Understand Endurance Data

Understand Endurance Data

  Jakob Ohlsen     Published: 13th December 2017

Since some people asked how one can understand the graphs on the result page of a single athlete I will try to explain this kind of race visualisation. Let us take the Ironman Hawaii 2017 as an example to understand the graph, how it is generated and what can be seen by looking at it.

  Example: Ironman Hawaii 2017

5 Lange
30 Sanders
16 McNamee
2 Kienle
19 Cunnama
swipe me

The first thing I would like to point out is, that one can not see exactly how fast an athlete was at a specific point of the race. This graph is all about comparing athletes with each other. So if for example all athletes in the graph would perform (equally) bad during the end of the bike, nothing in the graph would indicate this. To take a look at our example: If one would only see the graphs of Patrick Lange and David McNamee one could assume that they had a very constant performance on the bike. Maybe they had, maybe the did not. What you can see in the graph is that there were a couple of guys, who were much faster during the bike leg.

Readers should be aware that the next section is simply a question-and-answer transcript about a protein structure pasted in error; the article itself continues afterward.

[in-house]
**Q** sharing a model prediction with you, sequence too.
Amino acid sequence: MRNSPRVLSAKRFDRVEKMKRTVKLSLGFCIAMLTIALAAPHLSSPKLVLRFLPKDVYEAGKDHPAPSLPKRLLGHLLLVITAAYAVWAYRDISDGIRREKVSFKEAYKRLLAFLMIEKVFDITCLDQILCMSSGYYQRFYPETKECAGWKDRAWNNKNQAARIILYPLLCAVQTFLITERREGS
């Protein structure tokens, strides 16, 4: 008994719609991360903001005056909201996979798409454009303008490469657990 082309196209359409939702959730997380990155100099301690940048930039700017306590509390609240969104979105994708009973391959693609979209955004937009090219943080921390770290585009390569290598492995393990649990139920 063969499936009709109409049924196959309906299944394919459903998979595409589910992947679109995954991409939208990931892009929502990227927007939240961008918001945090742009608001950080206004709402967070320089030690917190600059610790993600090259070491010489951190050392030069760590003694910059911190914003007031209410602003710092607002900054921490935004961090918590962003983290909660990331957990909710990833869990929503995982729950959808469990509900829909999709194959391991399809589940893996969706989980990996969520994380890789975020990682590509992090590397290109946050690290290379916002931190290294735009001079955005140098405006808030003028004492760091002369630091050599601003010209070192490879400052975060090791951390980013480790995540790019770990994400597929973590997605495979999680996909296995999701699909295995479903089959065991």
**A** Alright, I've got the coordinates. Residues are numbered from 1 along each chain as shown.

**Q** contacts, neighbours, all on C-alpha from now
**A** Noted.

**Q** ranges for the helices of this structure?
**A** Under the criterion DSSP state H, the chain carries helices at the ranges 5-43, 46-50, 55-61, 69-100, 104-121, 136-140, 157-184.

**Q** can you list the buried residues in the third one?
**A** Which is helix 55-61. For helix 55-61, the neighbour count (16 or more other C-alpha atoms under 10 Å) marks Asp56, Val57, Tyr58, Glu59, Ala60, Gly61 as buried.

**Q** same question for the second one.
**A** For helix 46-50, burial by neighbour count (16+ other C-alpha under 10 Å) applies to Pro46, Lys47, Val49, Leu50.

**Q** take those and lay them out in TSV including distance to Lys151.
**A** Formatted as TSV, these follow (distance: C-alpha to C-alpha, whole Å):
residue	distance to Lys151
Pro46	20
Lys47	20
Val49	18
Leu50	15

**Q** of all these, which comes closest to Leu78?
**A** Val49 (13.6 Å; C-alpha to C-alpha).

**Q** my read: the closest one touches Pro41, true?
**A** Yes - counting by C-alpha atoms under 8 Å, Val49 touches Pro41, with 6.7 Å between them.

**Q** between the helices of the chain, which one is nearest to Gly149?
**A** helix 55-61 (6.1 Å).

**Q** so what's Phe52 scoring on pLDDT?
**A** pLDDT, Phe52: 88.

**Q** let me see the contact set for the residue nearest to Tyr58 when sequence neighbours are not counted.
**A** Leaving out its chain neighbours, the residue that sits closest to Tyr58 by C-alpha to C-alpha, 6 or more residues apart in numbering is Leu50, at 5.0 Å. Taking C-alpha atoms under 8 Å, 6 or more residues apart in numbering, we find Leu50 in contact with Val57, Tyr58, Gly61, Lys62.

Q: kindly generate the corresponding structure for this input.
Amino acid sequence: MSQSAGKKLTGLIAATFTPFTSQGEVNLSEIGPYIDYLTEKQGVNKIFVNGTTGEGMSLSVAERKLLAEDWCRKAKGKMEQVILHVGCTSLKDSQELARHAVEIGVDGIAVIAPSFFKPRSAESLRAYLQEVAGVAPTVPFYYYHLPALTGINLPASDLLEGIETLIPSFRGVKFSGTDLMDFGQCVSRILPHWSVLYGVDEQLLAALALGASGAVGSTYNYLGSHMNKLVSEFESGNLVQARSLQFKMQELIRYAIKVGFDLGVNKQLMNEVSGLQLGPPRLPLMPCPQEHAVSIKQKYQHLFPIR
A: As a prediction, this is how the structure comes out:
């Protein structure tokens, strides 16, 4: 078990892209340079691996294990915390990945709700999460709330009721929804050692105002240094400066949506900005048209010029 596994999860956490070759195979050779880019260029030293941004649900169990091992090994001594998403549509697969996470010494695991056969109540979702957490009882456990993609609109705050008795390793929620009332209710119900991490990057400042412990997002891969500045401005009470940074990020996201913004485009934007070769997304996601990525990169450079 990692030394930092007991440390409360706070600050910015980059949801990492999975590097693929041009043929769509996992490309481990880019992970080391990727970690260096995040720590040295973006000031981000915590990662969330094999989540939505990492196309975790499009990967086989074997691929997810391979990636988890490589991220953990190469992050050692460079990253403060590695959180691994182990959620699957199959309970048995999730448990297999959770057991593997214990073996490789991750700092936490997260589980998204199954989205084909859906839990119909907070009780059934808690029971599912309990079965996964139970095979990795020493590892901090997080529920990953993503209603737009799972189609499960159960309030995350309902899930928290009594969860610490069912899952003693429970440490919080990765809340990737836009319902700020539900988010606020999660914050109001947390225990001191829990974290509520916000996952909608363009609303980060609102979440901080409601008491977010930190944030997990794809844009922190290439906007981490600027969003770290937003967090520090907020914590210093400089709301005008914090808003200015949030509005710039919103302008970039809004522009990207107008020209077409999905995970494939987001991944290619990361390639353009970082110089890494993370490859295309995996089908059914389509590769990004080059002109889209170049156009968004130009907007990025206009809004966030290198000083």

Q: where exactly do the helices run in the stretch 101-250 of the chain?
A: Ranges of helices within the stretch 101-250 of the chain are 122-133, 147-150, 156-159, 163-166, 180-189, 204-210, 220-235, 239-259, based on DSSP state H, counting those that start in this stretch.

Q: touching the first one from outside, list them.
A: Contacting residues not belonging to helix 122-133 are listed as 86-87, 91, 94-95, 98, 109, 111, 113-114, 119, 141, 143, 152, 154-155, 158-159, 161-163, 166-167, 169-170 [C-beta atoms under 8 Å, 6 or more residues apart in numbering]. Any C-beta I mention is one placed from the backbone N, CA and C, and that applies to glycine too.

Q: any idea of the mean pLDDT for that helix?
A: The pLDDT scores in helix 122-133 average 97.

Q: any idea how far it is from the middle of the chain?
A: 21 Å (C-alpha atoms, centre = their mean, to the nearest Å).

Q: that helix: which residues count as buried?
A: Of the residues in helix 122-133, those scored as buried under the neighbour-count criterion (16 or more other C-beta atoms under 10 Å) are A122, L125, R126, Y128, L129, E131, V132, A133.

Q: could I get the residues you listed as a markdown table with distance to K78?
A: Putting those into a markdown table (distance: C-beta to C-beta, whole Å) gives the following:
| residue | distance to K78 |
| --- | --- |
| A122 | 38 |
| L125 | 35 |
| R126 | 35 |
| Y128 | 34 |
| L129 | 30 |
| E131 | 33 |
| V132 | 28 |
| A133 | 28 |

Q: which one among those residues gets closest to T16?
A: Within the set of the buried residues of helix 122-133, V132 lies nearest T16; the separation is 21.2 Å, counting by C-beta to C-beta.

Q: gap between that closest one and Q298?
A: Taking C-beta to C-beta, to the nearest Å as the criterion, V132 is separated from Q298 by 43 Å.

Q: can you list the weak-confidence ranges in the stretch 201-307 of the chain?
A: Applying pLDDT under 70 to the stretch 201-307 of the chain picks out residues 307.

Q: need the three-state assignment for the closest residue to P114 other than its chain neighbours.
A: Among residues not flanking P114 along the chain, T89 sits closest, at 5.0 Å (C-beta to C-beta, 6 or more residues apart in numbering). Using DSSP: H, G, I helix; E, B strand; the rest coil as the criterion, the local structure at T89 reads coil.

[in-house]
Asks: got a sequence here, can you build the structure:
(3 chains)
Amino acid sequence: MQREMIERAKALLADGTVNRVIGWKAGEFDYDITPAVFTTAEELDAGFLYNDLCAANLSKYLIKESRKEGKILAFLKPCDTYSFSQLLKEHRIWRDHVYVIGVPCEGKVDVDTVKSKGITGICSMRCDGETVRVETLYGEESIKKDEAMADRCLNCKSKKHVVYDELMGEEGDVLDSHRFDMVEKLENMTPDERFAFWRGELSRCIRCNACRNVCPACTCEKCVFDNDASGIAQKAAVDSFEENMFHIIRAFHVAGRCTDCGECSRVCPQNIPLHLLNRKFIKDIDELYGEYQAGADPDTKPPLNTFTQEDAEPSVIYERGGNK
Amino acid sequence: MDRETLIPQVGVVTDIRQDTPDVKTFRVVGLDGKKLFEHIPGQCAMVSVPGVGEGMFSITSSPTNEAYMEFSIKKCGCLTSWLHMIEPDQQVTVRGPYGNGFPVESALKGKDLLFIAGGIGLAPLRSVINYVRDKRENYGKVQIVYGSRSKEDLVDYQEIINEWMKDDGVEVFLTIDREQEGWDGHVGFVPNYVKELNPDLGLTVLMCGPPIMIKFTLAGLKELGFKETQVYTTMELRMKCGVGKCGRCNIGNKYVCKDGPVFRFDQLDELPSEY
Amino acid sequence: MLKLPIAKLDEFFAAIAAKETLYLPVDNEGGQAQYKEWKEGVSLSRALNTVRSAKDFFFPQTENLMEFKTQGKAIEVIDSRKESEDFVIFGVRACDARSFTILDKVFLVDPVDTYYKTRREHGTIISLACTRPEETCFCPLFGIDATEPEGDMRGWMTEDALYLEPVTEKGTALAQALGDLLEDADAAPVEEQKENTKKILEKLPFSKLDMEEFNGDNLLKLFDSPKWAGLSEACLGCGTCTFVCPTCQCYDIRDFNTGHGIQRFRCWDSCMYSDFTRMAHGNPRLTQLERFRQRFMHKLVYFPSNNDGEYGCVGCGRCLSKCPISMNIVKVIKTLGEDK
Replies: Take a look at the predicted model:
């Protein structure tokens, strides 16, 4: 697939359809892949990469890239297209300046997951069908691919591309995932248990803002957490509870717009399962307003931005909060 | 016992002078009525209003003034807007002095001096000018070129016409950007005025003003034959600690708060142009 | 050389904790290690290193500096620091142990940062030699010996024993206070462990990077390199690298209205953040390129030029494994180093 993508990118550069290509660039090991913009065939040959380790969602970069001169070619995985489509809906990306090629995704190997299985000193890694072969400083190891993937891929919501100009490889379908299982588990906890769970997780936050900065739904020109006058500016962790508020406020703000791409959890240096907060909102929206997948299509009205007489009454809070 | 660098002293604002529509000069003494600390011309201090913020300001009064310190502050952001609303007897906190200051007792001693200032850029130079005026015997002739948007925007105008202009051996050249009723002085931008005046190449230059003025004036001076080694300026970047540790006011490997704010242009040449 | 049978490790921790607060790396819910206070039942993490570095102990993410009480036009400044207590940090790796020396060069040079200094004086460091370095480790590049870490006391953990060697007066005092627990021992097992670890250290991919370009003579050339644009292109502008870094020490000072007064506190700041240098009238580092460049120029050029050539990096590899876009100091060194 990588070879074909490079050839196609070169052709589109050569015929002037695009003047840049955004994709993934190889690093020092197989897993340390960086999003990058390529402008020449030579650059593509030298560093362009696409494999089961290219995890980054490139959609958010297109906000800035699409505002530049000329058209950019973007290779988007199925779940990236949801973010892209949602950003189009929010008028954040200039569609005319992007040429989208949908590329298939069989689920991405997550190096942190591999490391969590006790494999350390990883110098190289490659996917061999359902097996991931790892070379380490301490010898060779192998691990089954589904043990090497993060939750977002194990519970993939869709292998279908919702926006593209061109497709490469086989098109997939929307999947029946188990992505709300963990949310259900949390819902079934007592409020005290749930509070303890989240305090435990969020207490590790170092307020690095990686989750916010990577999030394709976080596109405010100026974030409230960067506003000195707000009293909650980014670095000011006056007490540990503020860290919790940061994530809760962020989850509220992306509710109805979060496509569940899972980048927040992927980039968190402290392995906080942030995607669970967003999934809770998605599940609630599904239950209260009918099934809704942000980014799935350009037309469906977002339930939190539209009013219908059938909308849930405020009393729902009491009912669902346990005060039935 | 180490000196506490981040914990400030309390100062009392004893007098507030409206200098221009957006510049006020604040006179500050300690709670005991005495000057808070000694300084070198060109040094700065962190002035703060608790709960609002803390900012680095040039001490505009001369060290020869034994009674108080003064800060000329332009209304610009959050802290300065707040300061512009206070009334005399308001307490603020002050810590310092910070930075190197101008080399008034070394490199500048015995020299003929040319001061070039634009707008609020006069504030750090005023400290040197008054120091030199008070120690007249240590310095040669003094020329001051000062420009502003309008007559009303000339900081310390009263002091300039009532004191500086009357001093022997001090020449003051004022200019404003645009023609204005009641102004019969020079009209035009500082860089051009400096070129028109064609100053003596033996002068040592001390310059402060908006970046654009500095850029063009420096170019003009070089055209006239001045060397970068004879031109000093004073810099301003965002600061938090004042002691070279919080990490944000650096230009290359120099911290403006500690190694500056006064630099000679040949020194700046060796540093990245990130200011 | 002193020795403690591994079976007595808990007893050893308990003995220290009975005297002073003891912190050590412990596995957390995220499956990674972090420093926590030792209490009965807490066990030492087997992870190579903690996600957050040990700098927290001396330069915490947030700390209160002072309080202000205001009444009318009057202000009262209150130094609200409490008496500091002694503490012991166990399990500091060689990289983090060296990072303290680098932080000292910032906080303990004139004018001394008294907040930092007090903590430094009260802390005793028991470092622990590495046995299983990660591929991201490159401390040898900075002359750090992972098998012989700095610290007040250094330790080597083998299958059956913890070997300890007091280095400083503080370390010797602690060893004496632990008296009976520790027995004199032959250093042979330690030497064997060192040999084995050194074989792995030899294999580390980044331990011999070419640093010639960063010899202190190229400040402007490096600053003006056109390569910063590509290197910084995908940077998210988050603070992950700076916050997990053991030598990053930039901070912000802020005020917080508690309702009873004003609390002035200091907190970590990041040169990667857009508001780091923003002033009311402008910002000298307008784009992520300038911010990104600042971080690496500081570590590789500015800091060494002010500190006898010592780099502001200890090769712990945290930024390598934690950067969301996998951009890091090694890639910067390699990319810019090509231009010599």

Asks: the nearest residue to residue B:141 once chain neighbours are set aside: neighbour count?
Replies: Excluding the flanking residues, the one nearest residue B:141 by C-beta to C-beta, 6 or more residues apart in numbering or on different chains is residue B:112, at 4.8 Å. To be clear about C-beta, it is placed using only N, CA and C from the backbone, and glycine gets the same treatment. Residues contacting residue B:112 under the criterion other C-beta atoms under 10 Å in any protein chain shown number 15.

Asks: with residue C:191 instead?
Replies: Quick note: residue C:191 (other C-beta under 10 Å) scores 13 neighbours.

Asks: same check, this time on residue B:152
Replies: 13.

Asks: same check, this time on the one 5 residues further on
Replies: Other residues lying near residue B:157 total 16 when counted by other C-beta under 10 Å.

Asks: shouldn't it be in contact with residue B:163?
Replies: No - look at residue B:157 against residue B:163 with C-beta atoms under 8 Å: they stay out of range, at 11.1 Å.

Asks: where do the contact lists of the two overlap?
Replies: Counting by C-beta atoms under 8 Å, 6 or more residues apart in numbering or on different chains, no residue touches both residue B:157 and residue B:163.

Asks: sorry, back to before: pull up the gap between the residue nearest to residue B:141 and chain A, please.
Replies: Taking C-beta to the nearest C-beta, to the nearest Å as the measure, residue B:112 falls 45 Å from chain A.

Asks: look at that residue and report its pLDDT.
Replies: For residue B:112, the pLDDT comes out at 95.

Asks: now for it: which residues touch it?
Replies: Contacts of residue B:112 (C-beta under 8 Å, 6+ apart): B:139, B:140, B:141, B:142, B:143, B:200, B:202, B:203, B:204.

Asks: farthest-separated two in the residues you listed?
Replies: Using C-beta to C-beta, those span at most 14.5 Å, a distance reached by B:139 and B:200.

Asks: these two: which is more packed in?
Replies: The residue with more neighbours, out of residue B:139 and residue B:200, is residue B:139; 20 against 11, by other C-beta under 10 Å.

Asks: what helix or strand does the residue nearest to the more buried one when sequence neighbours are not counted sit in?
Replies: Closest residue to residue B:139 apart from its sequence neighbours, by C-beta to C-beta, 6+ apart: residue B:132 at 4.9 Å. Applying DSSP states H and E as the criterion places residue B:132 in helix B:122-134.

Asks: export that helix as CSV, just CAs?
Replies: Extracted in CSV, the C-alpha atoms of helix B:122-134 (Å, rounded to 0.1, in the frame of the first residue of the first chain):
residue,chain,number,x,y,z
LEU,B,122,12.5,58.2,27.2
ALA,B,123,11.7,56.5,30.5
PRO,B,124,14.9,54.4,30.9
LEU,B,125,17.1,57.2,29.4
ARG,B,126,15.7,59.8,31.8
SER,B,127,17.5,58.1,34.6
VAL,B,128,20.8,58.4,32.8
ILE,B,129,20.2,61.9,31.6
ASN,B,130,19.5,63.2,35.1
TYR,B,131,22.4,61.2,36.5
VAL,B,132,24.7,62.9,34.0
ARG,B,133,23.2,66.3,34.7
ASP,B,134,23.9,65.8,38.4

But first things first. Let's start with some general understanding. The graph shows the difference in time to a specific athlete (here Patrick Lange) throughout the whole race. Since the split times are just accurate at the corresponding timing points the differences between those points are assumed to behave linear (in a straight line). The more timing points a race has the more accurate one can reconstruct the course of events throughout the race.

Back to the example: Since Lange swam faster than Kienle, his graph is placed above the slower swimming performance of the "German uberbiker". Sanders had a similar swim as Kienle and one can see that they overtook Lange after approximately 70km on the bike. James Cunnama, who was riding not far behind Lange at that moment joined the fast bikers and could stay close to them for around 50km. Thats where Sanders decided to catch Kienle (later he said, that this move might have cost him the win). At T2 Sanders was more than 9 minutes ahead of Lange, who started his blazing fast marathon alongside of David McNamee. During the first 8km of the run Sanders kept the gap at around 9:30min to Lange but had to pay tribute to his high pace on the bike and maybe also during the first kilometers of the run. Close to the timing point at 38km Sanders was then passed by Lange, who finished with a course record of 8:01:40.

I hope this text could help you to understand the idea behind the Endurance Data graphs. If you still have questions or suggestions for the graphs, statistics or the page in general, feel free to contact me.

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